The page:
Consider using the landing page as the primary dimension and channel grouping as the second dimension for more targeted insights. This information can be quite useful in planning your marketing decisions as you determine the role each channel plays in securing conversions.
You can use attribution modeling in Google Analytics to compare how different types of attribution models assign a value between channels for your conversions. As previously referenced, you’ll likely notice that single-touchpoint models such as first- and last-click attribution can be misleading and fail to paint a complete picture of how customers arrived at a conversion.
A position-based model offers a more balanced approach, but there are seven models you can experiment with and customize. An accurate attribution report can help you recognize the most crucial steps in the customer’s conversion process.
Consider using different tactics to support all channels. For example, you can use paid search to test which keywords will be worth going after in SEO. Likewise, use long-tail SEO keyword research to find new “high purchase intent” keyword opportunities for paid.
If you’re active in social advertising and marketplaces, find where these channels fit into your customer journeys. An Amazon Brand Store is a definite must-have for gathering data as well.
Consider the context of each data point: The channel, audience, industry, and moment is essential to finding valuable insights.
Brand messaging should be consistent across all channels. Changing your message between channels creates unnecessary and potentially costly confusion for your customers. The visuals, messaging, tone, pricing, offers, and any other prompts must be the same across your channels.
Consider just one possible journey: It starts with organic, moves to social for reviews, enters Amazon for the price, and then ends at the website. If even one of these channels differentiates in terms of marketing, the consumer hits a marketing gap and the journey breaks.
For instance, if a paid campaign is performing well, you might presume the same campaign recreated within organic listings would be just as successful.
Use ranking data from Google Webmaster Tools for all competitive keywords. Go to AdWords for paid campaign insights. Use tools like Soovle and AnswerThePublic for trending keyword suggestions. Amazon and social platforms can provide their own data insights.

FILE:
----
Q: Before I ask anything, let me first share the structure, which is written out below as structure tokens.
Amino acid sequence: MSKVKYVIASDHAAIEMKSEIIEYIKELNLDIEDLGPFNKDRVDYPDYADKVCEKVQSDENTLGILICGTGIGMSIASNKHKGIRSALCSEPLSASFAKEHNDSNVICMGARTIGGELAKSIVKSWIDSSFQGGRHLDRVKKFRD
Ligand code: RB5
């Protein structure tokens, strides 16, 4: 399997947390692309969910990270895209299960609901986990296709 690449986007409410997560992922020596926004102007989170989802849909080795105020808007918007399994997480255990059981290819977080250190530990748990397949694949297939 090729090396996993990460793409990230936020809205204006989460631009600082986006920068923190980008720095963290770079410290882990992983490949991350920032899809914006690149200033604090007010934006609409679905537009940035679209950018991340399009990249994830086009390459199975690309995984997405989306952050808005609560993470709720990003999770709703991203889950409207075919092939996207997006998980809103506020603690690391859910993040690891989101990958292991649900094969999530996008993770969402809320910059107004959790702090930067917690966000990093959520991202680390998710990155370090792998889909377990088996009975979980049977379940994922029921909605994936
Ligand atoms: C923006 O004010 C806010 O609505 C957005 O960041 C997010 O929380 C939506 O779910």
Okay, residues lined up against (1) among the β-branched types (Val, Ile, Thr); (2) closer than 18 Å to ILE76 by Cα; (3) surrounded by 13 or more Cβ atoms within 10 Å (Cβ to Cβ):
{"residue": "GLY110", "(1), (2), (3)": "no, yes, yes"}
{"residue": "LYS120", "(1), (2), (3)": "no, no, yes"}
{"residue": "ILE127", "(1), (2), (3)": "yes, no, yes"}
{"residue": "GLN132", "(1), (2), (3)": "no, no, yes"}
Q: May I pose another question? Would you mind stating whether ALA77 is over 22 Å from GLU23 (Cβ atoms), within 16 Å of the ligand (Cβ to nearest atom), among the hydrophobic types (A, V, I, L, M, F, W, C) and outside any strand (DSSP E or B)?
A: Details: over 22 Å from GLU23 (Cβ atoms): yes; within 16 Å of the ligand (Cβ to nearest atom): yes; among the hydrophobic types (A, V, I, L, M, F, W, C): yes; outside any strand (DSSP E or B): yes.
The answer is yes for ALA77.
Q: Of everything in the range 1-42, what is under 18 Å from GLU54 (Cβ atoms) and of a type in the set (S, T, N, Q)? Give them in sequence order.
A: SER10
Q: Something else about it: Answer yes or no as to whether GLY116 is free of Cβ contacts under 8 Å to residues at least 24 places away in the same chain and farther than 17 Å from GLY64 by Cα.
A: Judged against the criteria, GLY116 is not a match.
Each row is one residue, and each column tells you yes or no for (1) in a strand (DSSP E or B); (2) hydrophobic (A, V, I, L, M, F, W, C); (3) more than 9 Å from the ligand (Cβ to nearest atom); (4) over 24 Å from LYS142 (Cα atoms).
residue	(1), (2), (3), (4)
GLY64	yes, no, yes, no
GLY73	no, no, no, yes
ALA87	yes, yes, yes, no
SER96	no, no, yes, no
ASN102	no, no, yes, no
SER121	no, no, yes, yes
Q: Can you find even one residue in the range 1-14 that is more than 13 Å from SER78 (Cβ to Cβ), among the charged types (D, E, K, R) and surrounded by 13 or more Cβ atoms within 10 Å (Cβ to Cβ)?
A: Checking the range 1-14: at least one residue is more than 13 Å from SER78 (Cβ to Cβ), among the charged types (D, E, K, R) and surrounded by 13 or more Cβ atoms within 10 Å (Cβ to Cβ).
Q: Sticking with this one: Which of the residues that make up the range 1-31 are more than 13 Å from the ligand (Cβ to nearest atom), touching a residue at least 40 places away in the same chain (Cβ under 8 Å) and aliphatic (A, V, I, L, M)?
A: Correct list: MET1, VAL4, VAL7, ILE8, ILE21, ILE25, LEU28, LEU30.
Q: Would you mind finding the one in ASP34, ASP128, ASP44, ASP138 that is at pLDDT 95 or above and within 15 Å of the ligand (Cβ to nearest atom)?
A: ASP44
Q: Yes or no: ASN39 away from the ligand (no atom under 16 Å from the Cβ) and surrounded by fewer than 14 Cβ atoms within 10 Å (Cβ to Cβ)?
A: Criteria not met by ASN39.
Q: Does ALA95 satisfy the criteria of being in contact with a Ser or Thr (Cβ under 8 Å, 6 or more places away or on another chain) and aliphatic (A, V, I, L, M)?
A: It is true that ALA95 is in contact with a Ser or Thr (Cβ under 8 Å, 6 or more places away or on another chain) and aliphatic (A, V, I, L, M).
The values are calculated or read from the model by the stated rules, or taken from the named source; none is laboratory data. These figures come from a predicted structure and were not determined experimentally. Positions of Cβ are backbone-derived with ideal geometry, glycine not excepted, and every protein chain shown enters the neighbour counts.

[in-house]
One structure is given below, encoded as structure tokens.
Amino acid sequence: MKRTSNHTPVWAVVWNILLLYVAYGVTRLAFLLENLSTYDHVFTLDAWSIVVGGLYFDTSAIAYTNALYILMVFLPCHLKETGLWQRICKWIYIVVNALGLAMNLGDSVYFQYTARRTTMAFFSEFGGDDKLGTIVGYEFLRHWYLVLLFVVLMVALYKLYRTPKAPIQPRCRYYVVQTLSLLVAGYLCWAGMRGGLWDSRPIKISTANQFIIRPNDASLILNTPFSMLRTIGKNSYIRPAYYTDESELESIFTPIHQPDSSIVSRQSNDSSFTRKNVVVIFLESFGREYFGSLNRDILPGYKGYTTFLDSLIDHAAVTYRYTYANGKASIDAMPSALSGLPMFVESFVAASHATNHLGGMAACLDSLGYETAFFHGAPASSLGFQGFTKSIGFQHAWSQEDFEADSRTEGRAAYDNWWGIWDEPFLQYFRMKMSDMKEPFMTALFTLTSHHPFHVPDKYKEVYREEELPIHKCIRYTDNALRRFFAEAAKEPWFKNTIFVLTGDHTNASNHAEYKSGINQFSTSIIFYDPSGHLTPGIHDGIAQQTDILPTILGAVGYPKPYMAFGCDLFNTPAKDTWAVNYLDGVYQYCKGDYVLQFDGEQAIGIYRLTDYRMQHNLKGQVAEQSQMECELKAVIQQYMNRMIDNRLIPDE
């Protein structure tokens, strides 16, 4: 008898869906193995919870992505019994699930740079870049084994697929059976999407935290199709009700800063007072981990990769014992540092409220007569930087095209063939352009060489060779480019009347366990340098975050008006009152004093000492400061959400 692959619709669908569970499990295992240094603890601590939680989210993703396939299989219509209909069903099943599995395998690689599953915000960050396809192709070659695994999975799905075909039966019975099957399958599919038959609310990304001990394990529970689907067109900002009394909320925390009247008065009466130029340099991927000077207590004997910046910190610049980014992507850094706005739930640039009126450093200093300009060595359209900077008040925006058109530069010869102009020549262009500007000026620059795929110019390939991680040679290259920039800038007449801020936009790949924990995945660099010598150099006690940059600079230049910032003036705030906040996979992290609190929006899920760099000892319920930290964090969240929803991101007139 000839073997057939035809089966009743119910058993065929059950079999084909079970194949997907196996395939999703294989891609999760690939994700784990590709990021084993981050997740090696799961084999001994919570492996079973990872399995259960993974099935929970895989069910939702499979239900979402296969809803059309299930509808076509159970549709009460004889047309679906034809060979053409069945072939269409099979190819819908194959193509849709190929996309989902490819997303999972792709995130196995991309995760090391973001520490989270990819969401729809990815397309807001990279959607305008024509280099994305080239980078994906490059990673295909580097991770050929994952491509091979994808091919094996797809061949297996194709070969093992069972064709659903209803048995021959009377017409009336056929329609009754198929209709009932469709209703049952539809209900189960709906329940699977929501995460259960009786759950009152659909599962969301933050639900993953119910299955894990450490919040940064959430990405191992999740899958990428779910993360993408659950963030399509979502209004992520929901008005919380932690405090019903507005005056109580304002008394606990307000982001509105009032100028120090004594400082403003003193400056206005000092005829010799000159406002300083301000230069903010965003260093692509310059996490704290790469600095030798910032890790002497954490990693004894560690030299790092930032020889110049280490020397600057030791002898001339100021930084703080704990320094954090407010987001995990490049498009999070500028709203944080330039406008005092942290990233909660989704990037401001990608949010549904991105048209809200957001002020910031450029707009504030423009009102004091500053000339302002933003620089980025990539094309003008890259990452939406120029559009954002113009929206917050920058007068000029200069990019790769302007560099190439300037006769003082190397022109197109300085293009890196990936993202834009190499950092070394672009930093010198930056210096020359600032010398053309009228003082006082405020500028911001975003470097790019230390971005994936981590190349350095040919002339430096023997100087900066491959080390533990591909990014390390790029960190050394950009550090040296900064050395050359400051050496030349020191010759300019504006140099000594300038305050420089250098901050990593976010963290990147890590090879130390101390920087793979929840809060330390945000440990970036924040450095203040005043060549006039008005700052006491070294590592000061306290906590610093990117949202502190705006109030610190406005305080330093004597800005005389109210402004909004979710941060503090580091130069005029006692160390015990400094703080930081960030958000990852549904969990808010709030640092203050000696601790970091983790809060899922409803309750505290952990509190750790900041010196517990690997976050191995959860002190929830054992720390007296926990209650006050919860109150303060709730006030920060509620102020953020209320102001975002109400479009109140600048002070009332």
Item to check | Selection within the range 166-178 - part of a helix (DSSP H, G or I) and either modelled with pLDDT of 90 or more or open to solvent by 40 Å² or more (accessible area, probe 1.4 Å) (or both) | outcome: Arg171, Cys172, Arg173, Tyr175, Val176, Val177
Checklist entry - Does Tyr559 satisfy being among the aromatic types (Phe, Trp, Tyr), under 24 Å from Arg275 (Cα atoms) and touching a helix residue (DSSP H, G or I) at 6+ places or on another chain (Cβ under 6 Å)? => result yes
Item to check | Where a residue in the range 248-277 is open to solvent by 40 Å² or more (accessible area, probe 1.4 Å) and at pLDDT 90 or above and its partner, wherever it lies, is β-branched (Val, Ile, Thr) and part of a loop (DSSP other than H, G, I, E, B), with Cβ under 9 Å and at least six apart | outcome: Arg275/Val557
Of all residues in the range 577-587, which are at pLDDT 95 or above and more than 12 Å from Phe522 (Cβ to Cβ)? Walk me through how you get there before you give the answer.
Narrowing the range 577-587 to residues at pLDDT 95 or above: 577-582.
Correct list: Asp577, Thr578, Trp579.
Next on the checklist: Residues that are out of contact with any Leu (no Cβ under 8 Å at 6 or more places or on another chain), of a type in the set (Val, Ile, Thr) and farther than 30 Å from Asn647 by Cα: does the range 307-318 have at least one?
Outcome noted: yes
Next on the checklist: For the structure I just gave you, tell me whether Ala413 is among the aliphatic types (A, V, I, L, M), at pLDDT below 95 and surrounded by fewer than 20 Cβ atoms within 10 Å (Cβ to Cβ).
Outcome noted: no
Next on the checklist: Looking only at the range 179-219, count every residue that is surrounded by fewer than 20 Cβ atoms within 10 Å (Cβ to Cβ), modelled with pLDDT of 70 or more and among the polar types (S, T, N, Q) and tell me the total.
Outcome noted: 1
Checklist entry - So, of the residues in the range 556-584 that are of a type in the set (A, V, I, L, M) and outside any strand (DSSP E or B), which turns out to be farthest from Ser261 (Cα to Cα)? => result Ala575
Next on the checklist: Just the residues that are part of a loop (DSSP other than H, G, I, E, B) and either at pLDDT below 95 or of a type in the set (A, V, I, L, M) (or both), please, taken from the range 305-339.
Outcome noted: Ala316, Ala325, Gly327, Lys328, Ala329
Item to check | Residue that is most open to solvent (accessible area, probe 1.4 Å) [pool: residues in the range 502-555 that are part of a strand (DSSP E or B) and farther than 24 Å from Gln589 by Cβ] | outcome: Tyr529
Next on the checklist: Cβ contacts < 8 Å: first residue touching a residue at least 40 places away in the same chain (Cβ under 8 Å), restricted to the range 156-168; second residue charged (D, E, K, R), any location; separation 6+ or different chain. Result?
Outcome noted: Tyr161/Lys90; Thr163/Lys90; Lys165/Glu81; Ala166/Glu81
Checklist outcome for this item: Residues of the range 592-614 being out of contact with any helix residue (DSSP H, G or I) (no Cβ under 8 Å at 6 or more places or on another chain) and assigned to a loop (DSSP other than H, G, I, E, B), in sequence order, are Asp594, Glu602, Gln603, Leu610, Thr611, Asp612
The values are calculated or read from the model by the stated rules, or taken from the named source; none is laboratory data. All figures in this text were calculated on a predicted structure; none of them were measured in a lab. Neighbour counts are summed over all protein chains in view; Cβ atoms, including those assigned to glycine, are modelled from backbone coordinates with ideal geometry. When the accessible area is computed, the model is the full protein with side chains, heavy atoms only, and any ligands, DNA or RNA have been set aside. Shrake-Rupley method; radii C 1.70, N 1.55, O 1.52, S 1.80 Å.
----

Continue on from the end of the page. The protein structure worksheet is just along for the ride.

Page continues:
Organize this information into an Excel spreadsheet and highlight the terms you need to be focusing on.
When you’ve identified the keywords with the highest potential, begin building your campaigns. If paid traffic is going to the canonical pages you want to see ranked in organic, those pages will stand a better chance of ranking as social visibility increases, along with the possibility of being linked.
Hint: Get faster results by testing all data in paid campaigns first.
Data insights and data centralization are the keys to solving retail problems. To incorporate an omnichannel strategy, you must map out the buyer’s journey. Focus on optimizing each touchpoint for the customer’s needs. However, make sure to maintain consistent brand messaging throughout.
Don’t forget to measure vital data points and KPIs like customer lifetime value, customer profitability, and customer engagement. Each channel has to be friction-free and work together with the others to create a foundation for success.
In today’s multi-device, multi-platform world, an omnichannel approach is essential. Understand the specific paths your customers travel and make their experiences logical, coherent, and easy to navigate at every step. Consider tactics that will improve your performance across channels, and always make sure you’re correctly interpreting and applying the most relevant data.If you missed any of our #SEOWeek webinars, you can view them on-demand at https://www.netelixir.com/university/all-webinars/